March 1, 2010
I recently finished my first real 3-ply yarn. It is made from 4 ounces of merino combed top, dyed by Into the Whirled. I found the Into the Whirled group on ravelry, just in time to join the January-February spin along. Everyone starts with the same fiber in the same colorway, and spins it up. Its been fun to see the different results that the spinners came up with.
The fiber comes in one thick strip, dyed in different colors throughout. I decided to try a 3-ply and started by splitting the top into 3 parts lengthwise, creating 3 thinner strips from the original length. Each of the three parts would be spun onto a separate bobbin, then plied together at the end. I didn't necessarily want the colors to match up, so I stripped the fiber further, into 3, 4 or 5 thin strips. Then I predrafted a bit, loosening up the fiber so it moved smoothly, and rolled the fiber into balls, all the while keeping the original 3 parts separate.
The spinning seemed to take forever. I tried to see just how thin I could spin. Even though the fiber wasn't superwash, and I knew I wouldn't use it for socks, I wanted to see how close I could get to a sock-weight yarn.
Merino is tricky! I've heard that it is not the best for beginners, and would modify that to say *dyed* merino is not the best for beginners. It just seemed to resist drafting. Right after I finished spinning for this fiber, I tried some undyed merino top, and there was a world of difference. The undyed merino moved much more smoothly. It felt like a different fiber. I think this is just a natural part of the dyeing process, and not anything specific to Into the Whirled, because when a fiber soaks up water in the dyeing process, it crimps up, and holds onto its neighbors.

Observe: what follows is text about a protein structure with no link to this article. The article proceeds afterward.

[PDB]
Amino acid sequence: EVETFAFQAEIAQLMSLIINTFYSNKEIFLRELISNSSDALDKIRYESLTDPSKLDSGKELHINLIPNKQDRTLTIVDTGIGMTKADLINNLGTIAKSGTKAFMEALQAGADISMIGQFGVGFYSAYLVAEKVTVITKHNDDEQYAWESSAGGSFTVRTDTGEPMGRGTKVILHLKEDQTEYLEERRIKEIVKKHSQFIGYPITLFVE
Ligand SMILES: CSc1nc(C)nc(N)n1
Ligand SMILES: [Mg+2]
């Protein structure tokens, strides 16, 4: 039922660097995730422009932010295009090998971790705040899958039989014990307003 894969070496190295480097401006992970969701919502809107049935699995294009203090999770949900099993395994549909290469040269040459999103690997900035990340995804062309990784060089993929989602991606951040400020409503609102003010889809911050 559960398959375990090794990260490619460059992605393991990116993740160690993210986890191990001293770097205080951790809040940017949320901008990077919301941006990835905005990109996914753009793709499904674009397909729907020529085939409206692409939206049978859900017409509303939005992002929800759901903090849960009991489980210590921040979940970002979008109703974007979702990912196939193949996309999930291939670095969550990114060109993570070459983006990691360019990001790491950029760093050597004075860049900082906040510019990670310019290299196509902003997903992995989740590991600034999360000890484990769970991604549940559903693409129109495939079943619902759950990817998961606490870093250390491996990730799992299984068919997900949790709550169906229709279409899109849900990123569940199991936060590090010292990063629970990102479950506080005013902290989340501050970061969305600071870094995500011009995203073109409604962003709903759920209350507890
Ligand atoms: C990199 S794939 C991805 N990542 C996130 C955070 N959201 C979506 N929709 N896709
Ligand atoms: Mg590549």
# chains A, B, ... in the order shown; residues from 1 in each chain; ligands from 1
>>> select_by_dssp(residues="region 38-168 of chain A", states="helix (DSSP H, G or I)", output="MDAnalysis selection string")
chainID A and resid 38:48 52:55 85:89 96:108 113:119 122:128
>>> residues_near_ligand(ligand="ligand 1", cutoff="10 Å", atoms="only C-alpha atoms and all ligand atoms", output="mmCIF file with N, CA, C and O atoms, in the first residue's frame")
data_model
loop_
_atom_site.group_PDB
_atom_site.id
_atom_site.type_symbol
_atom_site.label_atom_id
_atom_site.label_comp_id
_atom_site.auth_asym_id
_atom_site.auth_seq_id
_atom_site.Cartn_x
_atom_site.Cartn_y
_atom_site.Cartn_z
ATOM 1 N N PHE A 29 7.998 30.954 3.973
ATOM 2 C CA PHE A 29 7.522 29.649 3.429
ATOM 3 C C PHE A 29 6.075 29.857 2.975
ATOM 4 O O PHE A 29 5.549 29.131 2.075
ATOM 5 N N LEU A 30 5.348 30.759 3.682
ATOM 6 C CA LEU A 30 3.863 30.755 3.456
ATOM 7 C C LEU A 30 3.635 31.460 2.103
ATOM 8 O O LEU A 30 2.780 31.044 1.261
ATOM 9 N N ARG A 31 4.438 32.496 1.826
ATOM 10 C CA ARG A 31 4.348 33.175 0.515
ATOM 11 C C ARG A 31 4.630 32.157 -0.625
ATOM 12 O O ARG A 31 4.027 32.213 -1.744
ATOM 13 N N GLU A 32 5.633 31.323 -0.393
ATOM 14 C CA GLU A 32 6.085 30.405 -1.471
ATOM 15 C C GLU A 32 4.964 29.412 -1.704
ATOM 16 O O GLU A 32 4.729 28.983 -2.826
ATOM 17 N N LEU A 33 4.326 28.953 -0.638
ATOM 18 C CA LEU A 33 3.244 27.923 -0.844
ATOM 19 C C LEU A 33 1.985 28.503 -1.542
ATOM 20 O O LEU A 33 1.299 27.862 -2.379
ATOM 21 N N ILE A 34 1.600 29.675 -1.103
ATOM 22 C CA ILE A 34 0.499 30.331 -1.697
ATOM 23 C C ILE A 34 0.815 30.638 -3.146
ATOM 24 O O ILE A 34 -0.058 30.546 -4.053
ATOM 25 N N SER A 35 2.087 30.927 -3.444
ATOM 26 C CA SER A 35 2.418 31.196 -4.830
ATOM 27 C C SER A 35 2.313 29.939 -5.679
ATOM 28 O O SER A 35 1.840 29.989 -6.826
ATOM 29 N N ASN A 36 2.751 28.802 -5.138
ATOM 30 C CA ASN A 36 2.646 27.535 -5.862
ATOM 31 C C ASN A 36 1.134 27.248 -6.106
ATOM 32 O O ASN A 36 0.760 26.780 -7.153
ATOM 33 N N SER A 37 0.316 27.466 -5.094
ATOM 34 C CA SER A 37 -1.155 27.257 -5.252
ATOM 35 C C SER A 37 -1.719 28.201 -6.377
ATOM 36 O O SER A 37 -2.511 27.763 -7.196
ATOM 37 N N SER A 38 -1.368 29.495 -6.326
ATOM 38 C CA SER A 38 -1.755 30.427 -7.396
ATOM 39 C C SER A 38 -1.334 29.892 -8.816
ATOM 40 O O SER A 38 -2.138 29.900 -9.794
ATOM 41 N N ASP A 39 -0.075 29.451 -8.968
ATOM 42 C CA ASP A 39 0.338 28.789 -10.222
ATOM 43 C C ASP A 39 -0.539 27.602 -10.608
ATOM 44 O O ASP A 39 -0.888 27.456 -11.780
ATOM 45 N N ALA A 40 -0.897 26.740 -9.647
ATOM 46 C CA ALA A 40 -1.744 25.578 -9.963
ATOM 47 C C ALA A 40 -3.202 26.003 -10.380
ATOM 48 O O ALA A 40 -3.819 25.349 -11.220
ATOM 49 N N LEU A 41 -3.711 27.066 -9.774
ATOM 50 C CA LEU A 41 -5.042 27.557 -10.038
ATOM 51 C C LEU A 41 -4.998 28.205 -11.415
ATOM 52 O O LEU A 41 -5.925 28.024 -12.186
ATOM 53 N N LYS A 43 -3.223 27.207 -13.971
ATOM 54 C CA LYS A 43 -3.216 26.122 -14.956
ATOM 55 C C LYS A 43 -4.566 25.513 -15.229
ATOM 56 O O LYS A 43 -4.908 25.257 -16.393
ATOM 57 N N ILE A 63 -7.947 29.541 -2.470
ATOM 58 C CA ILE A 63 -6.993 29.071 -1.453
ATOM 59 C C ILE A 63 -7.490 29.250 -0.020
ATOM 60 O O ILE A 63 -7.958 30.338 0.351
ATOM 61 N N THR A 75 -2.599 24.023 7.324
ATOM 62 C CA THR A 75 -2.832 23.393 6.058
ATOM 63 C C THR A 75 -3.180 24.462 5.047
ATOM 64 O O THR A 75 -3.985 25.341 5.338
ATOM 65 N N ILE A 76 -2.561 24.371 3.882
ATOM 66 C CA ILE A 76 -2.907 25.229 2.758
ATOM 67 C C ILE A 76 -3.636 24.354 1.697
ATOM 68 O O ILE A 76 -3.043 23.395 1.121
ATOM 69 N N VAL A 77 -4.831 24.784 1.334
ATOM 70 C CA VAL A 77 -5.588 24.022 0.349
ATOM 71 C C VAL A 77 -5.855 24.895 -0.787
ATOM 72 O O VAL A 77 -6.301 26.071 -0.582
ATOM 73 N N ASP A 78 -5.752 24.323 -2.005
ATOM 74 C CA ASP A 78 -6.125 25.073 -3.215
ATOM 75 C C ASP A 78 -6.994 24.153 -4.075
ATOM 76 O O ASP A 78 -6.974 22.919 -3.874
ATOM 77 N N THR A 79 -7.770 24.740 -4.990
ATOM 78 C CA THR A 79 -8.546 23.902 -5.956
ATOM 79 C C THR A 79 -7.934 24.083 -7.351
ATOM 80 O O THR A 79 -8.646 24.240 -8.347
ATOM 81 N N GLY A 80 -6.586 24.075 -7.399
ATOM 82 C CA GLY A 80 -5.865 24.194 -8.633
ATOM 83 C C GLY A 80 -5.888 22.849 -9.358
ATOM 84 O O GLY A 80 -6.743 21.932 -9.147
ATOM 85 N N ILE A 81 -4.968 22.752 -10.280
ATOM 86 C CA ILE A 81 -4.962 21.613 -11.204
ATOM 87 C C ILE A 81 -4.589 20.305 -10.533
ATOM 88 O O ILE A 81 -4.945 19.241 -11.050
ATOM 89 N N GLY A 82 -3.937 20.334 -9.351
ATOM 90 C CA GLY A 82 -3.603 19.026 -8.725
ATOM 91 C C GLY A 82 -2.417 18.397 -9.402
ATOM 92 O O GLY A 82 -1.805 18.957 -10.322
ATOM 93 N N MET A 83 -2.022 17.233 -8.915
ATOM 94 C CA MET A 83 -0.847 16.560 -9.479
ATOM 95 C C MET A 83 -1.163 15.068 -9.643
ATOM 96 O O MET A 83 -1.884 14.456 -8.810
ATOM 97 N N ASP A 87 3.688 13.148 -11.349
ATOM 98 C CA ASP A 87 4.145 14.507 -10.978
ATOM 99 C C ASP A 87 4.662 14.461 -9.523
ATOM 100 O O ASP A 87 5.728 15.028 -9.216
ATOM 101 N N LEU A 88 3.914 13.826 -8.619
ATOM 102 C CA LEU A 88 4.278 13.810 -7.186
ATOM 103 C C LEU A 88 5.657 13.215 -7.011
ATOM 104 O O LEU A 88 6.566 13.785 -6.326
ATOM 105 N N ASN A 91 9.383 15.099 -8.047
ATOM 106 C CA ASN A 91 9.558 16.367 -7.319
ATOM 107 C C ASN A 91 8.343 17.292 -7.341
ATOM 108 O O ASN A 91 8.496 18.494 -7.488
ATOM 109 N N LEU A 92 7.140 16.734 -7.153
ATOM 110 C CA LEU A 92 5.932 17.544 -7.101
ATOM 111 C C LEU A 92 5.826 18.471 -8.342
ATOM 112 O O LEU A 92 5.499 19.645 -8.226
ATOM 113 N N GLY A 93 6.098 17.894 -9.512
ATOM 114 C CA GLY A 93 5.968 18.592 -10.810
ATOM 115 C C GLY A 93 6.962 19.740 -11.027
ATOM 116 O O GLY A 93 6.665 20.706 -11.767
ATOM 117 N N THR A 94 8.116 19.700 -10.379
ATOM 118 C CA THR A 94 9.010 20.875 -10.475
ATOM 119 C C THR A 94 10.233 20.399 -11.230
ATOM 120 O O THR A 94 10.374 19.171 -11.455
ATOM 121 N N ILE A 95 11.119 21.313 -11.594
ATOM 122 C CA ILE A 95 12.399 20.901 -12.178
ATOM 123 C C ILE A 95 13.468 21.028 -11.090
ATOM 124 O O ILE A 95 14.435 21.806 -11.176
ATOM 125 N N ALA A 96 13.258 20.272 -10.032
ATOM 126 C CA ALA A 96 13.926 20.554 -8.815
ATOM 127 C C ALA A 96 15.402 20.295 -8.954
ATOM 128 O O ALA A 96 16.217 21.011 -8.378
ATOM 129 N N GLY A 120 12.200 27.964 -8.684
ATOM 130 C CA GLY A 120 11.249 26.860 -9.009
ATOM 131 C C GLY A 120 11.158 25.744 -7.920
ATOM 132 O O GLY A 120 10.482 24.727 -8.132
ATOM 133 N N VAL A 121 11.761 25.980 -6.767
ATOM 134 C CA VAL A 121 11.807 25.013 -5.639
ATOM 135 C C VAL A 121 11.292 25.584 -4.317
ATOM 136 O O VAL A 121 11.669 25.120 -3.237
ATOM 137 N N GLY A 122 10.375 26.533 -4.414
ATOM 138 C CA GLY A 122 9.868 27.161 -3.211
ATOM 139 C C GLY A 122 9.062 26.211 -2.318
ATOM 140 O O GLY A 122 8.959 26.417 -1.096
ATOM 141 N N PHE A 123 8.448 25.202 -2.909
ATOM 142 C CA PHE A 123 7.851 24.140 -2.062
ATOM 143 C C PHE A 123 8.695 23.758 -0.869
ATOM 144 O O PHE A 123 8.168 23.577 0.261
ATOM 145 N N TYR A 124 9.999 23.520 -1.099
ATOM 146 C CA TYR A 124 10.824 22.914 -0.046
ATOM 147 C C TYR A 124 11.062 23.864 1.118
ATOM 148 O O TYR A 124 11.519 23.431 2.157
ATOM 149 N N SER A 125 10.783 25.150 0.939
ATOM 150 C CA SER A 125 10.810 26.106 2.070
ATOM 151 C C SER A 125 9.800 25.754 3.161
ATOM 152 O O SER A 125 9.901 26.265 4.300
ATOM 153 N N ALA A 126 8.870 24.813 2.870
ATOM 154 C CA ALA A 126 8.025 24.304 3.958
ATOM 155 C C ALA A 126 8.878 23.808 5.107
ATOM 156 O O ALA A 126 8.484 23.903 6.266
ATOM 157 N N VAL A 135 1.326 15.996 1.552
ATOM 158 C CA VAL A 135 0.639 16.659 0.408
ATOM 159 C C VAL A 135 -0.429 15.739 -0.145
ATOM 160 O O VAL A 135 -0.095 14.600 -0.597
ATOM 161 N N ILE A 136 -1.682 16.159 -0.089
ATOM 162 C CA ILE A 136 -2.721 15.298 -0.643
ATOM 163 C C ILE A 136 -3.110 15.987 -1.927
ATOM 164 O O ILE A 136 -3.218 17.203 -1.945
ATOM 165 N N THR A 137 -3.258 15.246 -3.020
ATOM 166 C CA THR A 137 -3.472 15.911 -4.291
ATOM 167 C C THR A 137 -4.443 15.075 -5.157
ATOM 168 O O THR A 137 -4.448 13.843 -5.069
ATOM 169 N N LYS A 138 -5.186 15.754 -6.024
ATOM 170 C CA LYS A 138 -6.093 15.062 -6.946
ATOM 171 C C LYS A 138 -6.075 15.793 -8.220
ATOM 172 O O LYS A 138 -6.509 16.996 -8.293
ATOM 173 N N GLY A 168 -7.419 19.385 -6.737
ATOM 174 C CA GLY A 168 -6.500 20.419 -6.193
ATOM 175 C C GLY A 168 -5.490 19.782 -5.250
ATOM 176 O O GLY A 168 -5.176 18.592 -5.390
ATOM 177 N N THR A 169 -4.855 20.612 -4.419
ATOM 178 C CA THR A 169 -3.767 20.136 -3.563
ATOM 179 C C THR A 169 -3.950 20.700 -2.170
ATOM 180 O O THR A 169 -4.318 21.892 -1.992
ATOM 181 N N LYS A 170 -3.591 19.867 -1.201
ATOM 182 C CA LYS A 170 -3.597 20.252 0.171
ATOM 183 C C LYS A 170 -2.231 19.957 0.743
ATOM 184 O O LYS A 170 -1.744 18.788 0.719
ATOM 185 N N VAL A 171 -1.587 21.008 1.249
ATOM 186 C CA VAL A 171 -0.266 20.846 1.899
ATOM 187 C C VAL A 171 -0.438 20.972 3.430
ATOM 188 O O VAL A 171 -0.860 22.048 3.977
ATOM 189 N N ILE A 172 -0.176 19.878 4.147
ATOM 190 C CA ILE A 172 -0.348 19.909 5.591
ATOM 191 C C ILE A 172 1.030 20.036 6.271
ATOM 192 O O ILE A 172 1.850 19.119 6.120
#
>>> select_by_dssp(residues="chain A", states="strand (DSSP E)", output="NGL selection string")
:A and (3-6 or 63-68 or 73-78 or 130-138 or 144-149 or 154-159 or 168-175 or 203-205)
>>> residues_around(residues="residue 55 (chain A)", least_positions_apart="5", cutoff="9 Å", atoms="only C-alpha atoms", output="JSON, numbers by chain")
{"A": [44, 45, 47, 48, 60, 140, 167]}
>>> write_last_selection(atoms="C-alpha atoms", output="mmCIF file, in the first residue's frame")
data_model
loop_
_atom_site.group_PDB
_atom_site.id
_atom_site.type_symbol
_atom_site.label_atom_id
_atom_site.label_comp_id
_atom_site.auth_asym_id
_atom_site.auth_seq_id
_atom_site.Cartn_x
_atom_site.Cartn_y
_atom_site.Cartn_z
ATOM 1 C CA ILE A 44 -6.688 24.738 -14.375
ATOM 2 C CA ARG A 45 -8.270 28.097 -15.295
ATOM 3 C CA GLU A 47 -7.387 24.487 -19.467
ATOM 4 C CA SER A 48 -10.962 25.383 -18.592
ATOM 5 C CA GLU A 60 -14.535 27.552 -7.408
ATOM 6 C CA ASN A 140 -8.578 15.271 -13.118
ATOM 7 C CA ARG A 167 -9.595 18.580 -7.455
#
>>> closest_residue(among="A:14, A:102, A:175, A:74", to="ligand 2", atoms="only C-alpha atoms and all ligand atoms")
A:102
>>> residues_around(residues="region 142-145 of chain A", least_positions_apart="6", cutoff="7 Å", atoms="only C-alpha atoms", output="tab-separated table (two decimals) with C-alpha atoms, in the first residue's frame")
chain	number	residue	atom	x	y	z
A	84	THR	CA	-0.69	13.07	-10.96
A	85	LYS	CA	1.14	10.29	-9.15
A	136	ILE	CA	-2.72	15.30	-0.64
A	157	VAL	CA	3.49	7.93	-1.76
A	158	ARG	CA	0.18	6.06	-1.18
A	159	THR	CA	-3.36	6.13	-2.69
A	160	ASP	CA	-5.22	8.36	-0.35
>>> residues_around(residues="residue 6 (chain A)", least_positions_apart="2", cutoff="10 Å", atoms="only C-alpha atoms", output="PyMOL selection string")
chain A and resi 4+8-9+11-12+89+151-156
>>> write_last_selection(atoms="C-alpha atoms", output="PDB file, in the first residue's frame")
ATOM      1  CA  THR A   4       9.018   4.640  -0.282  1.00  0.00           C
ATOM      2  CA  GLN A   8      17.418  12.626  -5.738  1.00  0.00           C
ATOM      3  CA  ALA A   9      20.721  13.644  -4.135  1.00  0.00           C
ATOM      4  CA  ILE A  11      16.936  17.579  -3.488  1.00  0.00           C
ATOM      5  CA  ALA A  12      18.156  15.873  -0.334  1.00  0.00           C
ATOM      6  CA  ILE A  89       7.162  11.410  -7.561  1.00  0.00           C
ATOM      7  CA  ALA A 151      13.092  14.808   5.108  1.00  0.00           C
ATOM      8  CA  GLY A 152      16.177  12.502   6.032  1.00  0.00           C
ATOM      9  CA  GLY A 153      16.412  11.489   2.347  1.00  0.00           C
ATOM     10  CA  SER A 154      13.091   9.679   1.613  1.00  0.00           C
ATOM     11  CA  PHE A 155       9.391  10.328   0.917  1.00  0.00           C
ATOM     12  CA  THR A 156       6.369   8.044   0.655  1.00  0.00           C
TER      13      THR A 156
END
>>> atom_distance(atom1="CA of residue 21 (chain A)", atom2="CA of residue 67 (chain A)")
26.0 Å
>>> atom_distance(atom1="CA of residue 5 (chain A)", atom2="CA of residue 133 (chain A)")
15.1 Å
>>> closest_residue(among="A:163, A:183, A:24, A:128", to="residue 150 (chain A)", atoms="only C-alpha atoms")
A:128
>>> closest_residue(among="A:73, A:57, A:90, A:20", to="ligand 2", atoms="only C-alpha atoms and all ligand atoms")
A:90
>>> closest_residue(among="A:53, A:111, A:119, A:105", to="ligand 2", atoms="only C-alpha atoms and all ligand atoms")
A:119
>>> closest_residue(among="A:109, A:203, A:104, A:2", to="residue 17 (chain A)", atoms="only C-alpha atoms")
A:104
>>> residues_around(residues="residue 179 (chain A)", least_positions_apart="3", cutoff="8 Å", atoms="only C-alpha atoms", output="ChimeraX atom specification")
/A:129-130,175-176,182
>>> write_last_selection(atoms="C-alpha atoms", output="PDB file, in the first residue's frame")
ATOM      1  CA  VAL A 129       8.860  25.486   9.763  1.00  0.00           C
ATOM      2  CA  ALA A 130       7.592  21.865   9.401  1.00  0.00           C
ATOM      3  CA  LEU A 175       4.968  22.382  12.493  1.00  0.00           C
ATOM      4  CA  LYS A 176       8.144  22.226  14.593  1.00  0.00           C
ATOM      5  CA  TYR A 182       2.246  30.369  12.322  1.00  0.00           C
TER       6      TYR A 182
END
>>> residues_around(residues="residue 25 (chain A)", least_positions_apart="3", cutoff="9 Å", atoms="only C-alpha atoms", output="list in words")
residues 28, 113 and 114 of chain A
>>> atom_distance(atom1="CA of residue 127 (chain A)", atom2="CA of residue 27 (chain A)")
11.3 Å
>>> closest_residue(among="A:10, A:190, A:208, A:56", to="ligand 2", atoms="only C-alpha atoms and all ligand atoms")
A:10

Once the 3 bobbins were spun, I let them rest overnight, then set them up on the lazy kate for plying.
At first, the colors matched up and created areas of the same color in the yarn. Then, as the plying went on, the colors became more variegated.
Amazingly, the finished yarn ended up much thinner than I expected. It really could be sock yarn! 581 yards from 4 ounces.
This is definitely the yarn I am most proud of so far in my spinning adventures. It felt like an epic amount of spinning. I was just not used to spinning for a couple hours and making (what seemed to be) so little progress. The whole process took two weeks from start to finish. In the end I am really happy with how it turned out. Its probably just a matter of practice to get faster and more comfortable with dyed merino and spinning thin.
For now I'll take a break from 3-ply and go back to a little thicker spinning and some nice 2-ply yarns!